The journey of Woody Grant begins and ends with a notice in the mail that he is a $100 million dollar prize winner. As played by the wonderful Bruce Dern, Grant is elderly and not all there, a man who can come across as either sweet or prickly, depending on his mood.
We sense that Woody’s letter is a scam, as most of us have received such a letter, with a gold symbol, our name printed in thick black ink, declaring a newfound fortune. We sometimes overlook the small print that alerts us that a magazine subscription, or attendance to a seminar is required for eligibility to receive our millions. For most, this form of manipulative junk mail gets a quick toss in the trash but for Woody, it motivates him to go on walks towards the state hundreds of miles from his home where his prize supposedly awaits him.
After being caught more than once walking aimlessly toward Nebraska, Woody’s son David (Will Forte) takes pity on his dad and decides to drive him there. The idea is that the trip would be a bonding experience and a chance to indulge his dad in a fantasy that couldn’t be true. Or could it?
Alexander Payne’s first film since The Descendants is likable and funny, with many enjoyable moments. It’s also too lightweight and obvious in its attempts at crowd-pleasing to be the intended, probing depiction of America’s fading heartland. Filmed in black and white, it aims to be an ode to America’s past, lost towns and forgotten dreams, much like the brilliant, black and white The Last Picture Show. The black and white photography in Nebraska has and elegance, poetry and lived-in texture that the screenplay lacks.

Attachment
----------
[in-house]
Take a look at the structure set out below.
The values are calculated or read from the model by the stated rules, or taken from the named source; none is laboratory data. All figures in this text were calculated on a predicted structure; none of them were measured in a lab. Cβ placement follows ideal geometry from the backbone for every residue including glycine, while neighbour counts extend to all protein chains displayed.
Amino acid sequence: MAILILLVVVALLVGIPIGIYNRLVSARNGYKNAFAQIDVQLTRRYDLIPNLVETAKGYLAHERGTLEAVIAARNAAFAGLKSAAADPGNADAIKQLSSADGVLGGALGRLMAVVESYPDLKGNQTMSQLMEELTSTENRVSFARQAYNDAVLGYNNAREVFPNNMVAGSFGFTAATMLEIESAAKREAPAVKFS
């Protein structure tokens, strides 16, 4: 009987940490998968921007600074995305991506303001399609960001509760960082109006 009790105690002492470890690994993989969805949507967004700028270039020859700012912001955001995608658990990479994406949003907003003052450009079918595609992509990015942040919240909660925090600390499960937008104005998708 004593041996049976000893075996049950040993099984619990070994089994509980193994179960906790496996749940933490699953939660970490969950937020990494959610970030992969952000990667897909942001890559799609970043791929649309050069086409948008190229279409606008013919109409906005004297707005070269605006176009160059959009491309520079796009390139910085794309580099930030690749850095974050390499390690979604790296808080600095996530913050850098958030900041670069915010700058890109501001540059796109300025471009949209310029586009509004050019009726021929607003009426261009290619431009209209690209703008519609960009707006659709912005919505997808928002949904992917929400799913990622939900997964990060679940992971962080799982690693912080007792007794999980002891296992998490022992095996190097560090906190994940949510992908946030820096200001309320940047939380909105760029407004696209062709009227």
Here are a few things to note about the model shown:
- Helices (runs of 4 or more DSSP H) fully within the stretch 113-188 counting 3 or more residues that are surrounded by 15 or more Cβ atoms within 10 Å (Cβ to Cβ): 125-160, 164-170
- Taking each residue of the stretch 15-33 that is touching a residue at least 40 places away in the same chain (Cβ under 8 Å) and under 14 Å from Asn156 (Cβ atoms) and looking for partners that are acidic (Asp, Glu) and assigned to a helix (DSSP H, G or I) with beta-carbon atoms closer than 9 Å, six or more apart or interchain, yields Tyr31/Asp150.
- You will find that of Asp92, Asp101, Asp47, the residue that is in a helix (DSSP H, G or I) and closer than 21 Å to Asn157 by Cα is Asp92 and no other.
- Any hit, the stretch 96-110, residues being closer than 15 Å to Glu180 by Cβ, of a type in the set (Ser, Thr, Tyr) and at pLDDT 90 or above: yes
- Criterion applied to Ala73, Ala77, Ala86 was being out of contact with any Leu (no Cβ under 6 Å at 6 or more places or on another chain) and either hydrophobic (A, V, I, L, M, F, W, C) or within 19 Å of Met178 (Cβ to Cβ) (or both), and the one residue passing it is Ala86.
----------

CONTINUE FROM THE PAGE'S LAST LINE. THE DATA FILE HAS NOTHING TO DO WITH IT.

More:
There’s much to treasure here, even as it’s more entertaining than smartly constructed as a story. I was taken by Woody and David’s journey but always reminded that I was watching a story with fable-like qualities. The lack of plausibility and heightened reality might be the point, as the tale can be taken as an allegory. Yet it kept me from buying entirely into the film’s version of reality and made me wonder if the screenplay was based on a short story.
Dern’s performance is deceptively layered: Woody initially seems lost, with a dried-up memory. Over the course of the journey, we see telling reveals of who this man was and why he was liked and hated by so many. Dern does wonders with the part.
Forte is best known for playing MacGruber, both on film and in Saturday Night Live, but casting him against type in a serious turn is one of the best things about the movie. His unlikely presence feels right from the start, as we recognize the nice, unassuming family man he is. Forte anchors the film and could have a career in character roles outside of farce. There’s also memorable turns from Stacey Keach, a fantastic actor with as long and versatile a career as Dern, and June Squibb, milking her sassy bit as Woody’s long suffering wife.
Still, the movie lacks the scope, passion and razor sharp satire of Payne’s The Descendants and Election, his best films to date. I mean this in the most complimentary way: his latest is more like About Schmidt, as the high caliber acting and skilful filmmaking elevate a contrived story. Like that film, Nebraska is a road trip comedy and wouldn’t have worked without the persuasive performances from the actors.
Payne’s latest may not cut as deep as previous efforts but he’s still a filmmaker who brings out the best in his actors. Nebraska grew on me so much, I even enjoyed the final scene, a capper that’s both fitting and highly unlikely.
Score: *** (1-5 Star Scale)